Statistical analysis

Data were analyzed using SPSS version 23. Data were expressed as mean ± SD. Bivariate correlations were tested using Pearson’s correlation coefficient for parametric data or Spearman’s rho for non-parametric data. Proportions were compared using chi-squared test. Two-tailed p-values were considered statistically significant if they were less than 0.05.


To determine the efficiency of in situ hybridization, normal prostate sections from five individuals and peripheral lymphocytes from normal human male were hybridized with the three probe cocktails. In most of the cells, two orange signals for the single-copy probe (MYC, ERBB2, and TP53), and two green signals for chromosome 17 or 8 were observed.

Table 1 [Tab. 1] shows the major characteristics of the patients under the study. A total of 45 benign prostate tumor patients were included. The mean age was 69.55 ± 8.97 with a range of 42–89 years. PSA level was 9.25 ± 5.12 ng/mL with a range of 3.28–29.60 ng/mL. The volume of prostate was 65.46 ± 11.43 mL with a range of 47.0–88.0 mL. The PSAD, prostate specific antigen density, was 0.14 ± 0.09 ng/ml/cm3 with a range of 0.04–0.54 ng/ml/cm3. With respect to surgery techniques, 26 patients (57.8%) had adenotectomy, 11 (24.4%) had transurethral resection of prostate, 7 (15.6%) had cystoprostatectomy and one patient (2.2%) had radical retropubic prostatectomy. With respect to the previous treatments, 33 out of 45 (73.3%) had no treatment while 11(24.4%) had treatment related to transitional cell carcinoma of the bladder. With respect to the severity of BPH, the American Urological Association Symptom Index (AUASI) was used. Three cases out of 45 (6.7%) were mild, 14 (31.1%) were moderate and 28 (62.2%) were severe.

Using FISH analysis, we found that 38 of 45 cases (84.4%) patients were disomic, 5 (11.1%) were monosomic, and 2 cases (4.4%) were polysomic for chromosomes 17 in at least 80% of their cells. Thirty-nine out of 45 patients (86.7%) were disomic, 4 (8.9%) were monosomic, and two (4.4) were polysomic for chromosome 8 in at least 80% of their cells (Table 2 [Tab. 2]).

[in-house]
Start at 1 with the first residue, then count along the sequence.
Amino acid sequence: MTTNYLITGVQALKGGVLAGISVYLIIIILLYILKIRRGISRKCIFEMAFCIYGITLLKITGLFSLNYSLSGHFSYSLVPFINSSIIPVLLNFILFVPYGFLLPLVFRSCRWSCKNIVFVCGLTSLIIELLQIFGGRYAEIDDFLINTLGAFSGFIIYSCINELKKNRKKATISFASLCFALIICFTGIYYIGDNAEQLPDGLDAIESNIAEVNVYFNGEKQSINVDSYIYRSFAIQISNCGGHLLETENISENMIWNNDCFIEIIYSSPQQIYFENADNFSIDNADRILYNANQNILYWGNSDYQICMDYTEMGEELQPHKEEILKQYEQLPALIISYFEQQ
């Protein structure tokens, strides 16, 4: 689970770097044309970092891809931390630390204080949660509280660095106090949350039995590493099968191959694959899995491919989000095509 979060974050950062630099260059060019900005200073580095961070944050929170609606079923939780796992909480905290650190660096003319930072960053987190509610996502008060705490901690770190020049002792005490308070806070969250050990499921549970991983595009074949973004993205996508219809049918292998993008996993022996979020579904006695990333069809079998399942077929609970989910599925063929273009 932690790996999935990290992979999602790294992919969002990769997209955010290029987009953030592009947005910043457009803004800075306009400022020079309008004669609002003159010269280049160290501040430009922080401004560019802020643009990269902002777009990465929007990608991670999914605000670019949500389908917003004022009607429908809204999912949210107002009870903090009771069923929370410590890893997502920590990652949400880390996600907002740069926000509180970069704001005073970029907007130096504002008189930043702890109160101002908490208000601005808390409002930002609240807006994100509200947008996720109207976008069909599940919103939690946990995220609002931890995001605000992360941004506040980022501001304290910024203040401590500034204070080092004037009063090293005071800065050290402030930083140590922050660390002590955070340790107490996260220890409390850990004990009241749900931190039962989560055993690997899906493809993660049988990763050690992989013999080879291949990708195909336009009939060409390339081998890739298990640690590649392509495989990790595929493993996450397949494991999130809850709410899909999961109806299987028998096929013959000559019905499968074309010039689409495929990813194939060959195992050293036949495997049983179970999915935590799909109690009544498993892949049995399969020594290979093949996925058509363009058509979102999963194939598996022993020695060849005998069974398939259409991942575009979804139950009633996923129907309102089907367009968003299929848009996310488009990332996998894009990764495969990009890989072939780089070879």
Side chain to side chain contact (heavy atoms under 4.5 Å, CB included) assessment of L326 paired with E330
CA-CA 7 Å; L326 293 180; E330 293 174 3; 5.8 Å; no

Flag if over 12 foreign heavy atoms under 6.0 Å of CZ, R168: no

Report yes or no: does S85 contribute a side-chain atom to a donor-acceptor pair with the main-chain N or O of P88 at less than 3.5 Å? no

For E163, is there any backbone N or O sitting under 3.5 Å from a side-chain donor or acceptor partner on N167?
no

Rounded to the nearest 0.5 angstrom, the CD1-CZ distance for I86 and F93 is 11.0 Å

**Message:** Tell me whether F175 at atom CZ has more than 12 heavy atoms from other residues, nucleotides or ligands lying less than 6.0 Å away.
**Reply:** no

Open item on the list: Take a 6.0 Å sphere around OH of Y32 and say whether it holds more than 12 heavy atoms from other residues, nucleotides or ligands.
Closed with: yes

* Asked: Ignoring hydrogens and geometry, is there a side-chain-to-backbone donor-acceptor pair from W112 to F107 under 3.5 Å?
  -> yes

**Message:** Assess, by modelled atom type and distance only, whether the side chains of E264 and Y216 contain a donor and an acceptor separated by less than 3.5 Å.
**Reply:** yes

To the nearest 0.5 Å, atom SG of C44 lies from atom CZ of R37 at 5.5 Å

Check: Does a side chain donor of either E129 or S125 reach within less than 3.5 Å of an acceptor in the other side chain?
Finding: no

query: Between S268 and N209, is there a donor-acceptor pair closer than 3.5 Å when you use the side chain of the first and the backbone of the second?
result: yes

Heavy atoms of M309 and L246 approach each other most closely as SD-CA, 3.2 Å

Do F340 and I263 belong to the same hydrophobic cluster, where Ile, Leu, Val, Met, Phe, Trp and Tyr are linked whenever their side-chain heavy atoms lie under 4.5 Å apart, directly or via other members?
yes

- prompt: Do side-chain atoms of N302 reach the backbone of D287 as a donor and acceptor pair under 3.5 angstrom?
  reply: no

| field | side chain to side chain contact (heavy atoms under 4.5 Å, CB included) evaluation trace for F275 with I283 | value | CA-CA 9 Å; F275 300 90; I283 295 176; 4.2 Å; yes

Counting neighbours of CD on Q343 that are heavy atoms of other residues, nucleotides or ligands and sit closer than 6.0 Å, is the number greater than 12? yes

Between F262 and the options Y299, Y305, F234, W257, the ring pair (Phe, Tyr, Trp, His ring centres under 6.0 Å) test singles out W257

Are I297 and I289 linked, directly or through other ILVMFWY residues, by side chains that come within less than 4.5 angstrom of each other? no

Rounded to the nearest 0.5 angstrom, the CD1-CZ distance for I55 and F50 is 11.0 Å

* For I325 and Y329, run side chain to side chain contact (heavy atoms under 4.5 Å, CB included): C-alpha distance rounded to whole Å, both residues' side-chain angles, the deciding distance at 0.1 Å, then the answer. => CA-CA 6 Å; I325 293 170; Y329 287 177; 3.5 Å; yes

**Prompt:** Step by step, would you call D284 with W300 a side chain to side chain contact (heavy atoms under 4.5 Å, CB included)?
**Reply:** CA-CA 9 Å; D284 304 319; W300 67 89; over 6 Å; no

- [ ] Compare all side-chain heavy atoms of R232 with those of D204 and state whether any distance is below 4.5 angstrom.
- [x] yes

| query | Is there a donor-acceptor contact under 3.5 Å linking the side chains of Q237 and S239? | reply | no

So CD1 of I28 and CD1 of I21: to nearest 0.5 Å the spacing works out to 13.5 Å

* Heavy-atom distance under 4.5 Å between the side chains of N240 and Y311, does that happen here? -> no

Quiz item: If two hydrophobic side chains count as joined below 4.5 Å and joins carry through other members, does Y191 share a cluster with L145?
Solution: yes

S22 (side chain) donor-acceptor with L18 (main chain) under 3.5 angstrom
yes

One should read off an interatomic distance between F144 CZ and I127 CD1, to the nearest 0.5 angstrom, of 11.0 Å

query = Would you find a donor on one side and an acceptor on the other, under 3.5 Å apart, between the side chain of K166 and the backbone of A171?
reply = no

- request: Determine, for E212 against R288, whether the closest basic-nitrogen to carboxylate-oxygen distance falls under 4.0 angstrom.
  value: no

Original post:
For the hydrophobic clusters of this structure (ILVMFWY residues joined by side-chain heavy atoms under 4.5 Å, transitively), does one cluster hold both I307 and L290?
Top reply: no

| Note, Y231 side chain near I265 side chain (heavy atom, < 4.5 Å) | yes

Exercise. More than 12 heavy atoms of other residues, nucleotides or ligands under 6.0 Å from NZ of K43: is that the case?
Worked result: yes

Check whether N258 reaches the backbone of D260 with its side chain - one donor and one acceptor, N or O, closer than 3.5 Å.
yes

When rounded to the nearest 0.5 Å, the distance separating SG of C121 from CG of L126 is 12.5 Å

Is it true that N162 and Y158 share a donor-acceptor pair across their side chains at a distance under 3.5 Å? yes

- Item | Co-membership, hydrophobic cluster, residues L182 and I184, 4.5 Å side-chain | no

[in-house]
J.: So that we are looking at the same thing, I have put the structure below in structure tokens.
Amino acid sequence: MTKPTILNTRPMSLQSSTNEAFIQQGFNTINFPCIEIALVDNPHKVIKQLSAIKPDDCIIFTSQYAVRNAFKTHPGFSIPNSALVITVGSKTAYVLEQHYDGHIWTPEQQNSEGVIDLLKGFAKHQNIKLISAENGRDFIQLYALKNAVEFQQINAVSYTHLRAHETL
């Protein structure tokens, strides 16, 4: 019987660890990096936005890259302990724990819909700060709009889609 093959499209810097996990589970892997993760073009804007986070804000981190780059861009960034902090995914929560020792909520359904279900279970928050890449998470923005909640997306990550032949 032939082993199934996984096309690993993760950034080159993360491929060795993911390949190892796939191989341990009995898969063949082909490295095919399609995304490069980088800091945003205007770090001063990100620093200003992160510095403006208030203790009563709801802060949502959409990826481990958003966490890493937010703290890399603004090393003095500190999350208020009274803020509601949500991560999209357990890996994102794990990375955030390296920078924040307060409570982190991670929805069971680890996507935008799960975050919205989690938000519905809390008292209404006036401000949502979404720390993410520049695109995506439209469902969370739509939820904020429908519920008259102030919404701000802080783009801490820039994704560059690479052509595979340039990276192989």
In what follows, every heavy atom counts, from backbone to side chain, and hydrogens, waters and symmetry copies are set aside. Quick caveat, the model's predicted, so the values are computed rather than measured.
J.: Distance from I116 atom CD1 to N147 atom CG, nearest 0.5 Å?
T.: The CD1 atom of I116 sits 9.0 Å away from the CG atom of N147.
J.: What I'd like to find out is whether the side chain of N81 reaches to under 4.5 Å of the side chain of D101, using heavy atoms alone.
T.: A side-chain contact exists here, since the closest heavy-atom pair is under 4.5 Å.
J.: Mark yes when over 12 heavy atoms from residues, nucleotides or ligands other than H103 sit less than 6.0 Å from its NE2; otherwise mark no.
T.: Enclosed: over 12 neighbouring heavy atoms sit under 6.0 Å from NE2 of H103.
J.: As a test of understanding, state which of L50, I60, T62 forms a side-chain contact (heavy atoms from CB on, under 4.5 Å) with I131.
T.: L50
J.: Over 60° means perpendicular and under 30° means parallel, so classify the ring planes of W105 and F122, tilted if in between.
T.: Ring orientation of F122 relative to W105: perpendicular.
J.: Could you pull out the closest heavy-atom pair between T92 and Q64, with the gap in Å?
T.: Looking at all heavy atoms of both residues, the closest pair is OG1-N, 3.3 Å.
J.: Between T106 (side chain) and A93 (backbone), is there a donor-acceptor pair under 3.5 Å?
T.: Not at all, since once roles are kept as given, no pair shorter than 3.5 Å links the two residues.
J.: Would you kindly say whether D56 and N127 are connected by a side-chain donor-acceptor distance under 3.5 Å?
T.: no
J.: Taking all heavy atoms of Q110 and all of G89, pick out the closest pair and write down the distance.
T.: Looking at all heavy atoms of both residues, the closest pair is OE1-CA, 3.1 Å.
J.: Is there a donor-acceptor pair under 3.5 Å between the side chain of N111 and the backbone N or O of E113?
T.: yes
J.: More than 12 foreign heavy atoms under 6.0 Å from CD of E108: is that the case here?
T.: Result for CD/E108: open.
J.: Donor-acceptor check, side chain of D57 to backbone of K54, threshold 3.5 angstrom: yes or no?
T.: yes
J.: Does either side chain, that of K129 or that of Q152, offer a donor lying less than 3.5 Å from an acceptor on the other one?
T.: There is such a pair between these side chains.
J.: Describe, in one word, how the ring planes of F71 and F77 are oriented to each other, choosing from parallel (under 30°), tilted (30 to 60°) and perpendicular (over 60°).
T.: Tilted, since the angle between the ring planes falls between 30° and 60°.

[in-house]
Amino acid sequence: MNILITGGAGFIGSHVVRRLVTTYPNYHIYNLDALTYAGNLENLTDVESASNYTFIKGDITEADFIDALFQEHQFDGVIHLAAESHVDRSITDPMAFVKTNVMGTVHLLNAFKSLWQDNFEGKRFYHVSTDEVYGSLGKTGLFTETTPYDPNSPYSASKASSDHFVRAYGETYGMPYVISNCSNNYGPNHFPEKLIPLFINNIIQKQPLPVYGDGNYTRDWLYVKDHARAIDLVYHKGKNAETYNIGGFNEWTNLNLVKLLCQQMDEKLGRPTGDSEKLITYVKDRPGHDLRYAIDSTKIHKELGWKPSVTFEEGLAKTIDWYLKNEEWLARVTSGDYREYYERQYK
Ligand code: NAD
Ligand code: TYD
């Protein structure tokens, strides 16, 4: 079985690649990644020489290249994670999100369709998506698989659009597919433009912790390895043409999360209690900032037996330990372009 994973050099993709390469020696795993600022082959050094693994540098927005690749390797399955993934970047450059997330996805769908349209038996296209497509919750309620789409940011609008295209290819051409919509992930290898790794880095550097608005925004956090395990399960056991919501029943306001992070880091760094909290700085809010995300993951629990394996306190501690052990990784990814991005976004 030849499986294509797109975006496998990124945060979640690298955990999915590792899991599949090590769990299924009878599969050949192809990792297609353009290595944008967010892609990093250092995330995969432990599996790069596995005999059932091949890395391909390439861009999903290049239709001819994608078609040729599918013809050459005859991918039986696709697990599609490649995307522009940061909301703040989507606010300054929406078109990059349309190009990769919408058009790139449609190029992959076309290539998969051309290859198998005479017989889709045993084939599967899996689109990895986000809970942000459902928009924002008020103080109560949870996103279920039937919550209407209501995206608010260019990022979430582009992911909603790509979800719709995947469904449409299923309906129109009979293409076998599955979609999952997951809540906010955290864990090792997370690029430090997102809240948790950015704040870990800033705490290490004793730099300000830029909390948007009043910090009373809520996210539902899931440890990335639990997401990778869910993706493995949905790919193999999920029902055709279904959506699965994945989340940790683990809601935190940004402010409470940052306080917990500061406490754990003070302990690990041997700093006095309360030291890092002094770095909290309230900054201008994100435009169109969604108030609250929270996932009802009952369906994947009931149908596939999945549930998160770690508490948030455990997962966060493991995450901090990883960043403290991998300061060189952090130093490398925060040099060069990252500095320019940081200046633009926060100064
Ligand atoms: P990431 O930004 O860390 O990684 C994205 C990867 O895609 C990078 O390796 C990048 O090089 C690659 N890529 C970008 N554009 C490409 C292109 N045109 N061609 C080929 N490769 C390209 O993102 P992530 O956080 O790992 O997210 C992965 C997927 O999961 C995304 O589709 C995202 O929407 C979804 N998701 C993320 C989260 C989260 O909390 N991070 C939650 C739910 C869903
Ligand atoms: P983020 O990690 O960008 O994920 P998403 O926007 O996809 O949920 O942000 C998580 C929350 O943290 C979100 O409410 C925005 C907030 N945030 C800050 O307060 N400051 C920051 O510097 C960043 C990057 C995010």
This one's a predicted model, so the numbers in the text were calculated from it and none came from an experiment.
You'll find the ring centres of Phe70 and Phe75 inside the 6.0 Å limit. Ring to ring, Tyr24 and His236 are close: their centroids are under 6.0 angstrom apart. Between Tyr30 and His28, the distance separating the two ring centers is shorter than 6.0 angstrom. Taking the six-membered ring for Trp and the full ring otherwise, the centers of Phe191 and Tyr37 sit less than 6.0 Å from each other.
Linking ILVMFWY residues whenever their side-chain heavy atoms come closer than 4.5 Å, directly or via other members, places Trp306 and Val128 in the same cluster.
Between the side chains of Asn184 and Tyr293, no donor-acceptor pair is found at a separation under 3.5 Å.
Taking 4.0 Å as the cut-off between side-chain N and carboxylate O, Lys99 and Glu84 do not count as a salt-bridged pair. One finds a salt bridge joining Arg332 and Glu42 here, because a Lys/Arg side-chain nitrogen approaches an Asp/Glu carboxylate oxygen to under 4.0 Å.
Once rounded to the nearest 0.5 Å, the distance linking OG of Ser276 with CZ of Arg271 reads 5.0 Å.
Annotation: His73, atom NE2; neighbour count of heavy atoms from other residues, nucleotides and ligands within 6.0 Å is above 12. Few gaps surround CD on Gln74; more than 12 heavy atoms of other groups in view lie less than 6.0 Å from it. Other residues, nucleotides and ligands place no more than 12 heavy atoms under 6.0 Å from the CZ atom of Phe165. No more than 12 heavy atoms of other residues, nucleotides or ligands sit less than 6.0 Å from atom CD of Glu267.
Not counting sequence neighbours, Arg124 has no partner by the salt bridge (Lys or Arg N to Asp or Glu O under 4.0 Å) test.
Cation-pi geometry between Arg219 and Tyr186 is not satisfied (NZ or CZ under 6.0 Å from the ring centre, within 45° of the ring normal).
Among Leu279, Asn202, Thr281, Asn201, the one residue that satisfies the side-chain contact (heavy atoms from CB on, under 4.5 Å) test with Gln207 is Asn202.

Out of the 45 patients, 4 (8.9%) had amplification of HER-2/neu gene (Figure 1 [Fig. 1]), 3 (6.7%) were lacking one HER-2/neu gene and (84.4%) had the normal two copies of the gene present in at least in 80% of the cells. Also, out of the 45 patients, 5 (11.1%) patients had amplification of c-myc gene, 3 (6.7%) had one c-myc gene deleted and 37 (82.2%) had the normal two copies of the gene present in at least 80% of the cells. For the p53 gene, 20 patients (44.4%) had evident deletion of at least one copy of the gene in a high proportion of cells (Figure 2 [Fig. 2]), whereas 25 (55.6%) patients had the normal two copies of the gene in at least 80% of the cells (Table 3 [Tab. 3]).

Previous treatment of patients

Table 4 [Tab. 4] shows a comparison between patients previously treated from TCC and those without treatment. For chromosome 17, loss or gain was detected in 6 out of 11 (45.5%) patients treated, whereas, in patients with no treatment, only 2 patients out of 33 (6%) showed abnormal number of copies of chromosome 17; the difference in the proportion was significant (p=0.002). For chromosome 8, the proportion of abnormal cases in patients treated was 18.2% which was more than non-treated patients (12.1%) but insignificantly. For gene signals, HER-2/neu showed significant increase in the proportion of abnormalities in patients treated (45.5%) than those not treated (12.1%, p=0.01). For p53 and c-myc copy numbers, no significant difference could be detected.